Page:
Magnificent Yamaboko Junko Parade of Kyoto's Gion Matsuri 2010

Gion Matsuri is the general name for festivals dedicated to Shinto god Susanoo, held during summer throughout Japan. Among them, the Gion Matsuri of Kyoto's Yasaka Shrine is undoubtedly the most well known with its history and grandeur.

The festival spans the entire month of July and is crowned by a parade, the "Yamaboko Junko" on July 17. Following "Yoiyama" the night before, here are the pictures we took of the parade with 32 floats called "Yama"(Mountain) and "Hoko"(Pike), with dancers and marchers in traditional costumes.

Pics and videos after the cut!
9 am, police officers preparing shortly before the parade arrives.

This traffic light has to be removed since it gets in the way for some of the tall floats.

The streets are blocked for the parade.

Tough job for a hot summer day.

Officers have to chastise the spectators pushing to get a good spot.

Head of the parade arrived.

The first float "Naginata Hoko" came in view. The procession consists of 32 floats, 9 Hoko(pike) and 23 Yama(mountain). For the most part, order of the floats are decided each year by drawing lots, but some floats including this Naginata Hoko have a fixed place in the parade. Naginata Hoko has been privileged to head the procession for some years, and it is the only float to carry a boy instead of a doll as the "chigo", the deity's sacred page.

At the crossing of Shijo Street and Kawaramachi Street, the floats take a 90 degree turn. The axles are fixed to the Hoko's body, so a Hoko has to skid on slippery surface (bamboo plates and water) in order to make a turn. This elaborate process is called "Tsuji-Mawashi", considered one of the highlights of the parade.

Pouring water on bamboo plates.

Men on the roof of the float must have been risking heat stroke this day.

Since the float is so heavy, it requires quit a lot of manpower to overcome the friction even with the wet bamboo plates.

Setting the rope for the pull.

Musicians were playing all the while.

Men on the float signaling and conducting the team.

The float skids on bamboo with shattering noise.

Tidying up after the turn.

The float only skids bit by bit, so it takes several tries to make the whole 90-degree turn.

The whole Tsujimawashi process takes about ten minutes. Here's a video.

YouTube - Naginata Hoko Float's "Tsujimawashi" in Gion Matsuri 2010

Most Yama floats are smaller and lighter compared to Hoko floats, so it's easy to handle. Just lift it up and make the turn.
YouTube - Tokusa Yama Float's "Tsujimawashi" in Gion Matsuri 2010

But some of the Yama floats carrying people, called "Hiki Yama", are as large as Hoko floats and require the whole bamboo and water process. This one is Iwato Yama, 22nd in the parade.

Hoko floats are bigger and heavier in general, but this Shijo Kasa Hoko, shaped like an umbrella(kasa), is an exception.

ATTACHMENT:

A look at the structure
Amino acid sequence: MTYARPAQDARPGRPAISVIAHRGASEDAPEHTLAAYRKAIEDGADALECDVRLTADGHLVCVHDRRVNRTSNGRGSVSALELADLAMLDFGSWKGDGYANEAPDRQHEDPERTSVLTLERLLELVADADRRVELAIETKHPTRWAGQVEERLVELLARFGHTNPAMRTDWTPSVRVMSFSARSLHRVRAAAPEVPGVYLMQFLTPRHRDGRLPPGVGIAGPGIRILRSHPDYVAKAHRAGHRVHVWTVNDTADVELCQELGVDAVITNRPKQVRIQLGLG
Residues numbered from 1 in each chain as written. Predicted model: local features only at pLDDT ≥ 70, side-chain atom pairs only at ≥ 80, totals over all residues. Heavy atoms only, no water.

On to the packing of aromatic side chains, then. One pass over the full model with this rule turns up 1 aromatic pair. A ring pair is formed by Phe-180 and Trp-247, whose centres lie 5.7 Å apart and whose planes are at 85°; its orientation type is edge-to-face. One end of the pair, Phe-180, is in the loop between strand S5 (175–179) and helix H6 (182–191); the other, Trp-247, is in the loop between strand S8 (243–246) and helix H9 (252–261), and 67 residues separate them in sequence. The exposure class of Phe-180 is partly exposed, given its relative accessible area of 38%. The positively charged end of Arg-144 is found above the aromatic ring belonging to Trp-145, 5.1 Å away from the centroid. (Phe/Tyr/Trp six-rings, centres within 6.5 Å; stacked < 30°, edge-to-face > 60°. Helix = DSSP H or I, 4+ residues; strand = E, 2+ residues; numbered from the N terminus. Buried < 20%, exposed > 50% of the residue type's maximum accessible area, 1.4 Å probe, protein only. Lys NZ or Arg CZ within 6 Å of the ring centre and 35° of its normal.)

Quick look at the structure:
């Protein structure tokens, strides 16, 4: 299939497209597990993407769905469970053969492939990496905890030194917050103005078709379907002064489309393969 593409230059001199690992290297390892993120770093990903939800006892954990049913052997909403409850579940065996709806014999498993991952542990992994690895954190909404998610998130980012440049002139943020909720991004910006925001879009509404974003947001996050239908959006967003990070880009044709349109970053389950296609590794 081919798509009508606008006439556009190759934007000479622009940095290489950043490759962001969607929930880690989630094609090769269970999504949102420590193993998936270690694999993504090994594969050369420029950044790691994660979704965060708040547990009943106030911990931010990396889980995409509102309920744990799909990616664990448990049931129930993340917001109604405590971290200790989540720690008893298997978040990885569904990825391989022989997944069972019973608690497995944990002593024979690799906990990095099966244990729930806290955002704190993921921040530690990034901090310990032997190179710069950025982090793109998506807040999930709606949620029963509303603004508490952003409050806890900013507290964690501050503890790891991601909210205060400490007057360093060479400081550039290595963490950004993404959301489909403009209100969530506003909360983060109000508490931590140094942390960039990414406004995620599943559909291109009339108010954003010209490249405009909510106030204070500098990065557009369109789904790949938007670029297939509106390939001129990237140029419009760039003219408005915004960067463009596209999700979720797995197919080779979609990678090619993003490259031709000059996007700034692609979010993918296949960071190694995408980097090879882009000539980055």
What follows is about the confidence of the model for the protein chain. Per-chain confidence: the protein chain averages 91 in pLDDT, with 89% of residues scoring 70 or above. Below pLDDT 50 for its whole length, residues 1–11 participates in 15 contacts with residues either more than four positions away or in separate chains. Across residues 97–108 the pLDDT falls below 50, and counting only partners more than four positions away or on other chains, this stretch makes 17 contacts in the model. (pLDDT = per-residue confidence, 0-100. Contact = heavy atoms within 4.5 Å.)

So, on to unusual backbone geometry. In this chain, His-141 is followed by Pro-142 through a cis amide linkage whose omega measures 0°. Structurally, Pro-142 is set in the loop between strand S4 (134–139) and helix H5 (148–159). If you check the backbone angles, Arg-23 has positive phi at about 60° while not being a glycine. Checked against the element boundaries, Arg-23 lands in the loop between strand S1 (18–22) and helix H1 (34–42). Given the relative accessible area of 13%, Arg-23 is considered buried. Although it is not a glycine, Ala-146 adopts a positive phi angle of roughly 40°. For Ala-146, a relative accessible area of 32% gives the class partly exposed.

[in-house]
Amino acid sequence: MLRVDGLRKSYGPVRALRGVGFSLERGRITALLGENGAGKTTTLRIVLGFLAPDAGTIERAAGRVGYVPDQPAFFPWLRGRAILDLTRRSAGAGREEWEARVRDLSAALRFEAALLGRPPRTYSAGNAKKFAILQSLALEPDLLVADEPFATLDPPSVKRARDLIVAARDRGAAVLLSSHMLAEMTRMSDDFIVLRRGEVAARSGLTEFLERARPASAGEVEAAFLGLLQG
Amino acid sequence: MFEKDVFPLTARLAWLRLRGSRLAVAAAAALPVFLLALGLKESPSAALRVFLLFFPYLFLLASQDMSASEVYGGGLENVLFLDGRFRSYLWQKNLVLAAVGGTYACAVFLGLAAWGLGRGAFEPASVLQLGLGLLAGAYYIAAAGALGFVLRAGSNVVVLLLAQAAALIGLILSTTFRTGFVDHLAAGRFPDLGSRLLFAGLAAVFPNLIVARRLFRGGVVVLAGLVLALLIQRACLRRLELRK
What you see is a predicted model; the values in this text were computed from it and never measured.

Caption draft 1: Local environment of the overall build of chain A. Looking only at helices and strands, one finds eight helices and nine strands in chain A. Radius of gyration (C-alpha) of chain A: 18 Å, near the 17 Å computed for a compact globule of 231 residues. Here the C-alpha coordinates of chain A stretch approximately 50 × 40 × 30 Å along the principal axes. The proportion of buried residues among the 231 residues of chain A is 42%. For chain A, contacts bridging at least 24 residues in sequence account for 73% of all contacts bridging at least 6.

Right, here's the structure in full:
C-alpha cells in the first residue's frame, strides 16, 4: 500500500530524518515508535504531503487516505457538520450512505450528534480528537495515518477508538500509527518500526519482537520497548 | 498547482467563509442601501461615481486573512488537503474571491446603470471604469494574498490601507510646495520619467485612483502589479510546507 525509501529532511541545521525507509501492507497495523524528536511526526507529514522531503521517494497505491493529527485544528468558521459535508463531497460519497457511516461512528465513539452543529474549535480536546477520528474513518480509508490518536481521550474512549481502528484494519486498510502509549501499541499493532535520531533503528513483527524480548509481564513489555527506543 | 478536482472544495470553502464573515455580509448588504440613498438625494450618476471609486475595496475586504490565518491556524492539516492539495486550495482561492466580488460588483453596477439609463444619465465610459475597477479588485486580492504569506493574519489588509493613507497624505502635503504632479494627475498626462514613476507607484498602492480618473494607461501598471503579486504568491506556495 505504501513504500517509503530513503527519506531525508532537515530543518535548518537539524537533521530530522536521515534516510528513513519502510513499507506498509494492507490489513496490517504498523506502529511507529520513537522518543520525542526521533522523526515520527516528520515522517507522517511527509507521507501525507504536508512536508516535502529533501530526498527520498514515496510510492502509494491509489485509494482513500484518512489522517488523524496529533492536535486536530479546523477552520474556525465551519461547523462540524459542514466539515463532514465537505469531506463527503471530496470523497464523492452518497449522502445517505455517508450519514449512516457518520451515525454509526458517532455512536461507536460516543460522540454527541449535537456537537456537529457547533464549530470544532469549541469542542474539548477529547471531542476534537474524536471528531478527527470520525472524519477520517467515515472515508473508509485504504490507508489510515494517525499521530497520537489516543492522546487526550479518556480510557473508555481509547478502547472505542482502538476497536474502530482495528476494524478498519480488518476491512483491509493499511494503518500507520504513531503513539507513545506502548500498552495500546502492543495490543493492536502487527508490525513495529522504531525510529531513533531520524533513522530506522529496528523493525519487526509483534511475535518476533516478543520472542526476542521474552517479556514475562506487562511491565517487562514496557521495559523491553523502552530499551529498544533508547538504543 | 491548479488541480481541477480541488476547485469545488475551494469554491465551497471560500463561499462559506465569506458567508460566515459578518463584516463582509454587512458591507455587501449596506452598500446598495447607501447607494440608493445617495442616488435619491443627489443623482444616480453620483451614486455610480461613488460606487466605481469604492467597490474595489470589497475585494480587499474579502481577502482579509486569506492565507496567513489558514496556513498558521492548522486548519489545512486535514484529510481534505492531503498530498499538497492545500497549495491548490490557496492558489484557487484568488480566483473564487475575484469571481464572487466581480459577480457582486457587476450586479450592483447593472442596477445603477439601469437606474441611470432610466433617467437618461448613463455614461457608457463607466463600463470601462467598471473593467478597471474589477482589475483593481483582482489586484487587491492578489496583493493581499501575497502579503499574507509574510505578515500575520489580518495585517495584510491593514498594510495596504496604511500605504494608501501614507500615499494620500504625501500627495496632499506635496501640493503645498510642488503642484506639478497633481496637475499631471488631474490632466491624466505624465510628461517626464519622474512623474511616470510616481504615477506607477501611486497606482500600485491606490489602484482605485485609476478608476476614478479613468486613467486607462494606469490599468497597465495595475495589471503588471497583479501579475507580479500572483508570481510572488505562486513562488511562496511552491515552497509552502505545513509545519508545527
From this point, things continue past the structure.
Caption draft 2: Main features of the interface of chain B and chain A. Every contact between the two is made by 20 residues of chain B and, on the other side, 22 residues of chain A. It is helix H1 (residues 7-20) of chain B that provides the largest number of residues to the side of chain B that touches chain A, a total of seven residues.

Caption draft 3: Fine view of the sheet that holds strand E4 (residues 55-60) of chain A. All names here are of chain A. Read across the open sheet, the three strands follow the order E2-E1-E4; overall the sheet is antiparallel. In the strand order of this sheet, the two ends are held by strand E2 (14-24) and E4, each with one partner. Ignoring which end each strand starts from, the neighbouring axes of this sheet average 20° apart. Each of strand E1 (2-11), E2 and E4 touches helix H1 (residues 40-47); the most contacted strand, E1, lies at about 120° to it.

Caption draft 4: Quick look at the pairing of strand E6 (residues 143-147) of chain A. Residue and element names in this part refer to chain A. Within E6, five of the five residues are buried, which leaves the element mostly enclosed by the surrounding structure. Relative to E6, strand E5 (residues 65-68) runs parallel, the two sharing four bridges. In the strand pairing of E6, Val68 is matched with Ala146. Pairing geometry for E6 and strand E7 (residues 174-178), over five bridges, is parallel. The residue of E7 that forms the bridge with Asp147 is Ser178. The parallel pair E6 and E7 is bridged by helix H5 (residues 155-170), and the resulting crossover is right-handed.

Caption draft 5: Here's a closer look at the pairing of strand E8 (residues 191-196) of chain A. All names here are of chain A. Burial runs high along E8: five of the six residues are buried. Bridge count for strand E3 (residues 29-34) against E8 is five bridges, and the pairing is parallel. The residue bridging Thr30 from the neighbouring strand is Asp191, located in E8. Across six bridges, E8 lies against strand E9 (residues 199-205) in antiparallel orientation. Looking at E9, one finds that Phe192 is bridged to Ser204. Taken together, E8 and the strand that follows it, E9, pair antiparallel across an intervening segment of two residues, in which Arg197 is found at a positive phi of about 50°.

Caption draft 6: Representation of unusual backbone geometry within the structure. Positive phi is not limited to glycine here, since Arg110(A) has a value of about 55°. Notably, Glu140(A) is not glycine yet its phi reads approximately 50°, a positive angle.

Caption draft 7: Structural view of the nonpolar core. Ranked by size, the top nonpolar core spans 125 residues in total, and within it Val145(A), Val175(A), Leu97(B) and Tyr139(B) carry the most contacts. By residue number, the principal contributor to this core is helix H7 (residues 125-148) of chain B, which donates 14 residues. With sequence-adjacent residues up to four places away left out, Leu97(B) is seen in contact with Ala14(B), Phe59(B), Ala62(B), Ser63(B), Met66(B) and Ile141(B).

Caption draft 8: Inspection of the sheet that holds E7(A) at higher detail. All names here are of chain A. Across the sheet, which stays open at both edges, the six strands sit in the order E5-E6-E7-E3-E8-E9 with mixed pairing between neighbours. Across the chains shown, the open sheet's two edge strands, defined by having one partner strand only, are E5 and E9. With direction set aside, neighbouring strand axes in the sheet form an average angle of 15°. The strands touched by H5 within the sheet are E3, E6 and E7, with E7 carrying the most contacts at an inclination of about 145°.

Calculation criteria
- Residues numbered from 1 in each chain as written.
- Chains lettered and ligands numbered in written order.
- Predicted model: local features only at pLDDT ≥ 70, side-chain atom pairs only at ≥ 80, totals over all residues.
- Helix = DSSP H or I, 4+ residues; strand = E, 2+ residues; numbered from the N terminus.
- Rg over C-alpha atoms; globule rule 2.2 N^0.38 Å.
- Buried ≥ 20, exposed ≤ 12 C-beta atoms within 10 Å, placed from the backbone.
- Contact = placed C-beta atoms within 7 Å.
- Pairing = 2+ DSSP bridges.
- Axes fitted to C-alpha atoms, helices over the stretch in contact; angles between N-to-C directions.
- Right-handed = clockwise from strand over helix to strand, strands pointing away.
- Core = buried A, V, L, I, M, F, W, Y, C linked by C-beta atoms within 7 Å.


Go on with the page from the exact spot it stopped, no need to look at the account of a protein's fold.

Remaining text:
Fune Hoko looks like a ship(fune).

Toro Yama, also called Kamakiri Yama. "Toro" is an older name for "Kamakiri(praying mantis)" and the float has a clockwork praying mantis on its roof.

Hashi Bankei Yama depicts the famous duel between Ushiwakamaru and Benkei which is said to have taken place on Gojo Bridge in central Kyoto, around AD 1170 or so.

Jomyo Yama depicts another historical scene, the battle between Tsutsui Jomyo and Ichirai Hoshi nfrom Battle of Uji(1184).

Some of the floats perform a little show before Tsujimawashi.

A dancer of Ayakasa Hoko float.

This is called "Bo-furi Bayashi" in which a troop of musicians plays bells and drums around a demon-masked main dancer swinging a rod.

Niwatori Hoko performed a Bunraku-like puppet theatre using the Chigo doll.

The cameramans were hardcore.

People were also watching from buildings.

The procession heading north on Kawaramachi Street after the turn.

Some people fainted in the heat and got carried away on stretchers.

Seems like some kind of emergency happened on the north-east corner.

The press rushed to find out what's going on, abandoning the parade for a while.

The grueling heat must be hard for the marchers.

As well as the police officers.

Here are some amazing decorations on floats, some of which have been designated as important cultural properties.

Persian carpet used to be imported to Japan through the Silk Road.

Tapestries on the back of the floats are called "Miokuri". This one had a gorgeous tapestry of peacock.

This one must have travelled all the way from Europe via the Silk Road.

This one looks Egyptian.

A banner announcing the arrival of the last float, Minami Kannon Yama.

The float came in view.

The marchers looked a little worn-out.

The final Tsujimawashi of the year.

Changing direction bit by bit.

The whole parade took around three hours to get through this corner.

The parade might look pretty "slow" compared to fast-pased Mikoshi parades in some other Japanese summer festivals, but maybe this was how the time passed back in the Heian period when the Gion Matsuri originated.

in Coverage, Posted by darkhorse_log